I Cooked With Poo, And I Liked It – Khlong Toei – Bangkok, Thailand
After a long, hot week at the Elephant Nature Park followed by a recovery day in Chiang Mai, we’re back where we started in Bangkok for our last few days in Thailand. It doesn’t feel like we’ve been here an entire month, but we have!
Thai is one of our favorite cuisines. It’s hard to find great Thai food consistently at home, and we’ve always been hesitant to try to make it ourselves. A cooking class in Thailand would be the perfect way for us to expand our cooking knowledge. It only took a few minutes of research on classes in Bangkok for “Cooking with Poo and Friends” to show up. The search ended there. How often do you get to cook with poo? Hopefully only when you’re in Bangkok.
The class started with a stroll through the Khlong Thoei market, the largest wet market in Bangkok. This area is considered the slums of Bangkok, and it’s not a place where you see many tourists. We’ve written about Asian wet markets before; they test what your senses can tolerate, and this one was no exception. There was an abundance of fresh, pungent durian. Pigs were sawed in half, lying on a table waiting to be purchased. Some tables only had the head, tail, or feet left. There was a section with insects…for consumption. There were skinned frogs, with the skin tied up next to the frog. Occasionally one of the frogs skins would twitch. And then there were the usual suspects: animal parts, fish, eel, crabs, chickens, vegetables, fruits, and everything in between. We stopped at a few of the stalls to buy ingredients (thankfully none of the gross stuff), then went for a ride into the slums of Khlong Thoei to Poo’s kitchen for the class itself.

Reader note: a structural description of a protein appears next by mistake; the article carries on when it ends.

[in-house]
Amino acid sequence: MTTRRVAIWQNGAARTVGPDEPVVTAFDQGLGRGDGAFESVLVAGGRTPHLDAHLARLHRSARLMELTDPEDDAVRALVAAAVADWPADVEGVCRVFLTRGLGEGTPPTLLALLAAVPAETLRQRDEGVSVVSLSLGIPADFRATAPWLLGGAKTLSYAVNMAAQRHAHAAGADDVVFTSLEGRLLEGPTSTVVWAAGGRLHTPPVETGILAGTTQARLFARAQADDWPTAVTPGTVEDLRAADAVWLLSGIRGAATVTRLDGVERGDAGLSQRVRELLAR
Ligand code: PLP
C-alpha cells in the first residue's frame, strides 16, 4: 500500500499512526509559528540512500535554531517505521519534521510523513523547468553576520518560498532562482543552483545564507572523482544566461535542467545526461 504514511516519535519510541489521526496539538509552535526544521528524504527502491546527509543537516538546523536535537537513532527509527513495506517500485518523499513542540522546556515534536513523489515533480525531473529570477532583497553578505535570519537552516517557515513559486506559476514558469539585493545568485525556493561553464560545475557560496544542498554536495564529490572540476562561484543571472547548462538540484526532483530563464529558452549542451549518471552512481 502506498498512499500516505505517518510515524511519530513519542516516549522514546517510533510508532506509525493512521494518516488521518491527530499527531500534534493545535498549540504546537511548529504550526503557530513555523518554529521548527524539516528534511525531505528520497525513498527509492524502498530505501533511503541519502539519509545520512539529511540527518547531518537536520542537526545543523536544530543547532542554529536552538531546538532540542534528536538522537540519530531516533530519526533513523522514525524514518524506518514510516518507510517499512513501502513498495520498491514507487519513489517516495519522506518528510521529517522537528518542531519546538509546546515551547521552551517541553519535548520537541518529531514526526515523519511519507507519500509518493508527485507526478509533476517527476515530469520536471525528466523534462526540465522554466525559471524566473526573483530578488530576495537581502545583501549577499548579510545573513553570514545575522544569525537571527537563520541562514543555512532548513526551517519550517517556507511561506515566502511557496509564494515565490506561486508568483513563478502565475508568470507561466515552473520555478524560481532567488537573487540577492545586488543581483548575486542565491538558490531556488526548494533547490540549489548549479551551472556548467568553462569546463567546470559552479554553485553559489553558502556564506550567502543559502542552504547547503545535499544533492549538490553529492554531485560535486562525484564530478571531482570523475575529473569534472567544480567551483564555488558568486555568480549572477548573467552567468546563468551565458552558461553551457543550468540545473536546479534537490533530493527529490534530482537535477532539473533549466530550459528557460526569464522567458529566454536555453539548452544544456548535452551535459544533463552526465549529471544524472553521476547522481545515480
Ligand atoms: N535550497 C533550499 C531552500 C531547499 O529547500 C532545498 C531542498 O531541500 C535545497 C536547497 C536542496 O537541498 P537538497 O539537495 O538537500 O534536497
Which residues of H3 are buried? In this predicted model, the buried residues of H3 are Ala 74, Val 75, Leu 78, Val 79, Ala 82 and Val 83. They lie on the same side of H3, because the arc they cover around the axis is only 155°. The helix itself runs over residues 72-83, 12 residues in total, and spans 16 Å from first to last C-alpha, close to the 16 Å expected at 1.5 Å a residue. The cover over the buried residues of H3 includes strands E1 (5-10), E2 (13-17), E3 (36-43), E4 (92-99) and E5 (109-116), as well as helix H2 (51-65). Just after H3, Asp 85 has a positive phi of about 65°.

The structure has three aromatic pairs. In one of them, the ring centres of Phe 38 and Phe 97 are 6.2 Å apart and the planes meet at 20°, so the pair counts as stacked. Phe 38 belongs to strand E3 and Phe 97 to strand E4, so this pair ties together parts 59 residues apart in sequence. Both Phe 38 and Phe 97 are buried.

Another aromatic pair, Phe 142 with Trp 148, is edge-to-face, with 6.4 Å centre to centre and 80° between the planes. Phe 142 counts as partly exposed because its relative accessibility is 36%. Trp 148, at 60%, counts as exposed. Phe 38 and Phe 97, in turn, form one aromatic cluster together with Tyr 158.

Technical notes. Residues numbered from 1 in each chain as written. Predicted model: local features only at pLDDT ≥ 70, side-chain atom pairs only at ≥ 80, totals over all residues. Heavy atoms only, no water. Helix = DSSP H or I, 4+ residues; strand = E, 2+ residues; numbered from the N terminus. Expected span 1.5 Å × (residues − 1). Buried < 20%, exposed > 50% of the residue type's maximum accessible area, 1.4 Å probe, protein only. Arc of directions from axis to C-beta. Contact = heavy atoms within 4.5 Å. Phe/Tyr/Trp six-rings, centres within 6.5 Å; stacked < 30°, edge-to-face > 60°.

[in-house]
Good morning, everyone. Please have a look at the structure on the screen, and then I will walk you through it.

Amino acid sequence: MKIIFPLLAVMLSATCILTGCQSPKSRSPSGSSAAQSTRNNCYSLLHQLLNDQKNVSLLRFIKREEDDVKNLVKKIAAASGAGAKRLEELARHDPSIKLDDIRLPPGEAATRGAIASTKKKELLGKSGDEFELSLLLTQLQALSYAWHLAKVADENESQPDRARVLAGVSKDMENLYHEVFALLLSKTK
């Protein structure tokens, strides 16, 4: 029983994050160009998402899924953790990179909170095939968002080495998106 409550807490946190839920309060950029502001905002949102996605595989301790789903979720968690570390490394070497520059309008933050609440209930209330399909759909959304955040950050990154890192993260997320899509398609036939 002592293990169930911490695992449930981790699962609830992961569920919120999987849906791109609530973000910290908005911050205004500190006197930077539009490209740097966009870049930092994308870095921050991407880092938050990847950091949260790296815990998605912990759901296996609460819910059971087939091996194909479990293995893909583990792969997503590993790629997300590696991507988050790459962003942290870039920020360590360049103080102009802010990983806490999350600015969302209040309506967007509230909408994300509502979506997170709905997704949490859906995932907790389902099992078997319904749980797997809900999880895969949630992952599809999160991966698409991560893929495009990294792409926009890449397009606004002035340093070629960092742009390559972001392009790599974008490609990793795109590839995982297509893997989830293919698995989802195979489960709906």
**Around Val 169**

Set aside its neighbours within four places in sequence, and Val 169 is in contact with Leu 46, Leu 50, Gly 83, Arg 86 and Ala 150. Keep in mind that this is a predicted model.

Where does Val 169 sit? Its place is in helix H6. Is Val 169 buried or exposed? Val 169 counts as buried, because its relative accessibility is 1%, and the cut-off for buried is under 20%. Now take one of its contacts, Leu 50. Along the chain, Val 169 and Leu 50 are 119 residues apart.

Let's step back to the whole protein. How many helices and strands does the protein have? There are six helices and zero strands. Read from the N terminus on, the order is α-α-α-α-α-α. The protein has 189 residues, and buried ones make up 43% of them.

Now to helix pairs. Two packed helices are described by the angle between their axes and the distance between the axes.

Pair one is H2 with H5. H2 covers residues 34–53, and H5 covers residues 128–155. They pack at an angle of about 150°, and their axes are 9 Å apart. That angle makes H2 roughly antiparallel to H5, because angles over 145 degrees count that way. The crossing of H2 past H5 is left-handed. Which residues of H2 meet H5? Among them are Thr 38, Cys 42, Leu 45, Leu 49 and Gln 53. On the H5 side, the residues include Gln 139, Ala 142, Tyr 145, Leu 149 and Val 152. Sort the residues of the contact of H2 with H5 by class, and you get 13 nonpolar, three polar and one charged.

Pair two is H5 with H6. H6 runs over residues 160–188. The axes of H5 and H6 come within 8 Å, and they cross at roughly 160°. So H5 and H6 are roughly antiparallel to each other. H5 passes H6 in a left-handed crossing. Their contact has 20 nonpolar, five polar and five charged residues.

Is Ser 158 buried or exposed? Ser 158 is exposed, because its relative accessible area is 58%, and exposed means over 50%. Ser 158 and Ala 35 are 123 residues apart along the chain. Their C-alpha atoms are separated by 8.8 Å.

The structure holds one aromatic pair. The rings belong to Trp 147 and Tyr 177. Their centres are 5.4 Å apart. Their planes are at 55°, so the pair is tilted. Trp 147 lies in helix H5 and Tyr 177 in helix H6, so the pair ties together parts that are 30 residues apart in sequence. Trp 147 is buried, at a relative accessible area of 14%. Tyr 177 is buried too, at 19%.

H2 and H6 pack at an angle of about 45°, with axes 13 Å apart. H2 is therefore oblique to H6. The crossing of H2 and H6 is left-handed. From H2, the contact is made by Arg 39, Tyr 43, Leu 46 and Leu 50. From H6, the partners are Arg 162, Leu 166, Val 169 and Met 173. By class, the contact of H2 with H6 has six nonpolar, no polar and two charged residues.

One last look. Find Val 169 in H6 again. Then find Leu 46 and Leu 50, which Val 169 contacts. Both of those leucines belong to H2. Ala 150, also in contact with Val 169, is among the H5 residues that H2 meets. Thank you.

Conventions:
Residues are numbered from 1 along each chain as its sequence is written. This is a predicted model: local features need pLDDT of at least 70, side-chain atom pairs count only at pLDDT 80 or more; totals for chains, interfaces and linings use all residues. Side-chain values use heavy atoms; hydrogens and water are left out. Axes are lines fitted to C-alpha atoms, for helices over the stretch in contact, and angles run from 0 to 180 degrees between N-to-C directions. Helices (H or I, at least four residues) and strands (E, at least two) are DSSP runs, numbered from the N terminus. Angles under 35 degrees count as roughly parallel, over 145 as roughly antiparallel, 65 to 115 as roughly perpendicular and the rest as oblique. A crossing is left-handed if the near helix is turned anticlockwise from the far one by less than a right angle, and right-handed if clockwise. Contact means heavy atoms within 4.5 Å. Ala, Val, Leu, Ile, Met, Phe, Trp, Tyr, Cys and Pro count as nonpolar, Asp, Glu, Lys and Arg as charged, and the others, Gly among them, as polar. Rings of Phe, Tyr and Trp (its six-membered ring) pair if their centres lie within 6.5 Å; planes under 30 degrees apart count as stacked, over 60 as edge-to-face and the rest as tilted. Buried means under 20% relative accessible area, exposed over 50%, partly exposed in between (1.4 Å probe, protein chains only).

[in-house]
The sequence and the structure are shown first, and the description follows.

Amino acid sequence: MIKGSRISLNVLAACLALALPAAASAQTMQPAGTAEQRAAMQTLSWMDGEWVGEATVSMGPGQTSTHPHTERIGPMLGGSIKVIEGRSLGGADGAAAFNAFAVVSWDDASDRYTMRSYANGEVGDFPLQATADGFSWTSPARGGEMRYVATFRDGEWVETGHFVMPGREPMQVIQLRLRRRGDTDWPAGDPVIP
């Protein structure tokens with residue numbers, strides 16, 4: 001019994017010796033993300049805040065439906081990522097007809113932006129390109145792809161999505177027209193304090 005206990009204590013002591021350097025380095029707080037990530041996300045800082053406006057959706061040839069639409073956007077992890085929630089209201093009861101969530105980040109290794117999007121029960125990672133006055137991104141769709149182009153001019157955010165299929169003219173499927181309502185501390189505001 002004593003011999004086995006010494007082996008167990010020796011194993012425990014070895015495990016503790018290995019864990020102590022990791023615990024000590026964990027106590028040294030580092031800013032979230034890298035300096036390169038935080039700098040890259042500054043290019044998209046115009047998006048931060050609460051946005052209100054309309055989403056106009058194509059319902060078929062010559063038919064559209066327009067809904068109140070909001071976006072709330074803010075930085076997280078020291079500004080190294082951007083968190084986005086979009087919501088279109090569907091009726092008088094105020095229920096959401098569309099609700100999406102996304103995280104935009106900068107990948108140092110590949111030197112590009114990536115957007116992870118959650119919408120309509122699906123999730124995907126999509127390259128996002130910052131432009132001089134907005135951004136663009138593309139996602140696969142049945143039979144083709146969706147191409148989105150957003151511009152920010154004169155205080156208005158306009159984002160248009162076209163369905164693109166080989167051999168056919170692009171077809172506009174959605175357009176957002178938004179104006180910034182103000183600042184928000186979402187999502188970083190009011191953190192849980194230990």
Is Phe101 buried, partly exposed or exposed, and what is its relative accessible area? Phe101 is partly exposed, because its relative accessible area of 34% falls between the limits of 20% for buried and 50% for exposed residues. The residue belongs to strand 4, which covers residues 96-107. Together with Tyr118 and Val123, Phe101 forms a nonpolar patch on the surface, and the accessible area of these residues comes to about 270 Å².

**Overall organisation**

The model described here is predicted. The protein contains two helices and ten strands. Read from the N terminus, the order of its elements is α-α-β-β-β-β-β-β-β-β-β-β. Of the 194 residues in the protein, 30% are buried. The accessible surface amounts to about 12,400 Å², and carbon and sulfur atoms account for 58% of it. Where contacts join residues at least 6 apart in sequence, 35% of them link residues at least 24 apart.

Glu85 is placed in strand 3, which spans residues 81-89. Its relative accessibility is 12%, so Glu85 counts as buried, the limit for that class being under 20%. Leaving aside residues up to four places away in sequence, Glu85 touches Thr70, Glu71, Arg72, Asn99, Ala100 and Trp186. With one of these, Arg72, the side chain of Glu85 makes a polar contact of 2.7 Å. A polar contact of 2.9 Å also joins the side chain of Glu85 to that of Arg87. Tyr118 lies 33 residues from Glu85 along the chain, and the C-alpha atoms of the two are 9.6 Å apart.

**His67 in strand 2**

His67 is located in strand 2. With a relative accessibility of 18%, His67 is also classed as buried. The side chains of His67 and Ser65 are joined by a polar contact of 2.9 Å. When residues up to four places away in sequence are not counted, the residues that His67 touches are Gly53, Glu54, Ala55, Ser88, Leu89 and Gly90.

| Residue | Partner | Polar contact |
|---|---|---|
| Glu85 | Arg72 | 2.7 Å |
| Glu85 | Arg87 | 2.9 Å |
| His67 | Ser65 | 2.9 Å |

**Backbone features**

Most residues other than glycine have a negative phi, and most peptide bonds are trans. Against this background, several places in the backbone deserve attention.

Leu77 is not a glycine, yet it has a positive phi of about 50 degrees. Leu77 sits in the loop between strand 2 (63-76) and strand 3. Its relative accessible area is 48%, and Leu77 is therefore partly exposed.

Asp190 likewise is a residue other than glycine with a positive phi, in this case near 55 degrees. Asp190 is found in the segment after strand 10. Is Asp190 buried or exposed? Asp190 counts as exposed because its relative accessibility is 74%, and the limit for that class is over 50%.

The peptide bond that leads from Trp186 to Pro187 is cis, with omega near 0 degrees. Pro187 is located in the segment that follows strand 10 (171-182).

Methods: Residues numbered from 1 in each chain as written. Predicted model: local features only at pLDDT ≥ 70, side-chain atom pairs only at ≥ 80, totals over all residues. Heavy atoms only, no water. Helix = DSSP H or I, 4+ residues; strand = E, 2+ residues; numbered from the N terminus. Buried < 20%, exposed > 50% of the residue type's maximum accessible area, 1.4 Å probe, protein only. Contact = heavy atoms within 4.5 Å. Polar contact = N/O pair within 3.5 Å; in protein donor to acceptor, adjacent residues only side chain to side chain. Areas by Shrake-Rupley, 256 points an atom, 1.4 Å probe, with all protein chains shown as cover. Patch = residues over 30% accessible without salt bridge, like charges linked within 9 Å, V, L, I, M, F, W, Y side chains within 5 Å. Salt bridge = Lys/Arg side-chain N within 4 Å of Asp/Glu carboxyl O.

We learned how to cook two of our favorite Thai dishes, as well as one new favorite. First up was a spicy beef salad – we opted to be vegetarians so we made a spicy mushroom salad instead. It was so good that it had Christine eating mushrooms. Next up was Kevin’s favorite, pad thai, which was about as good as it would be from a street stall. The final dish was Christine’s favorite, green curry. We made the curry paste from scratch, then turned it into a bowl of deliciousness. For dessert, there were samplers of an assortment of Thai fruits, and mango with sticky rice. We’re really going to miss the mango with sticky rice when we leave.
There’s a big disclaimer for the cooking class saying that Poo isn’t present for every single session and that she occasionally deserves a day off. Someone must have really complained. We lucked out and got to cook WITH Poo! She’s a funny chef who kept the class informative. If you’ve never seen Poo before, she’s standing next to Christine…she’s the one on the left.
Cooking with Poo helped us realize how simple Thai food is. We might have to do some hunting for ingredients back home, but look out for a Thai dinner party coming this fall!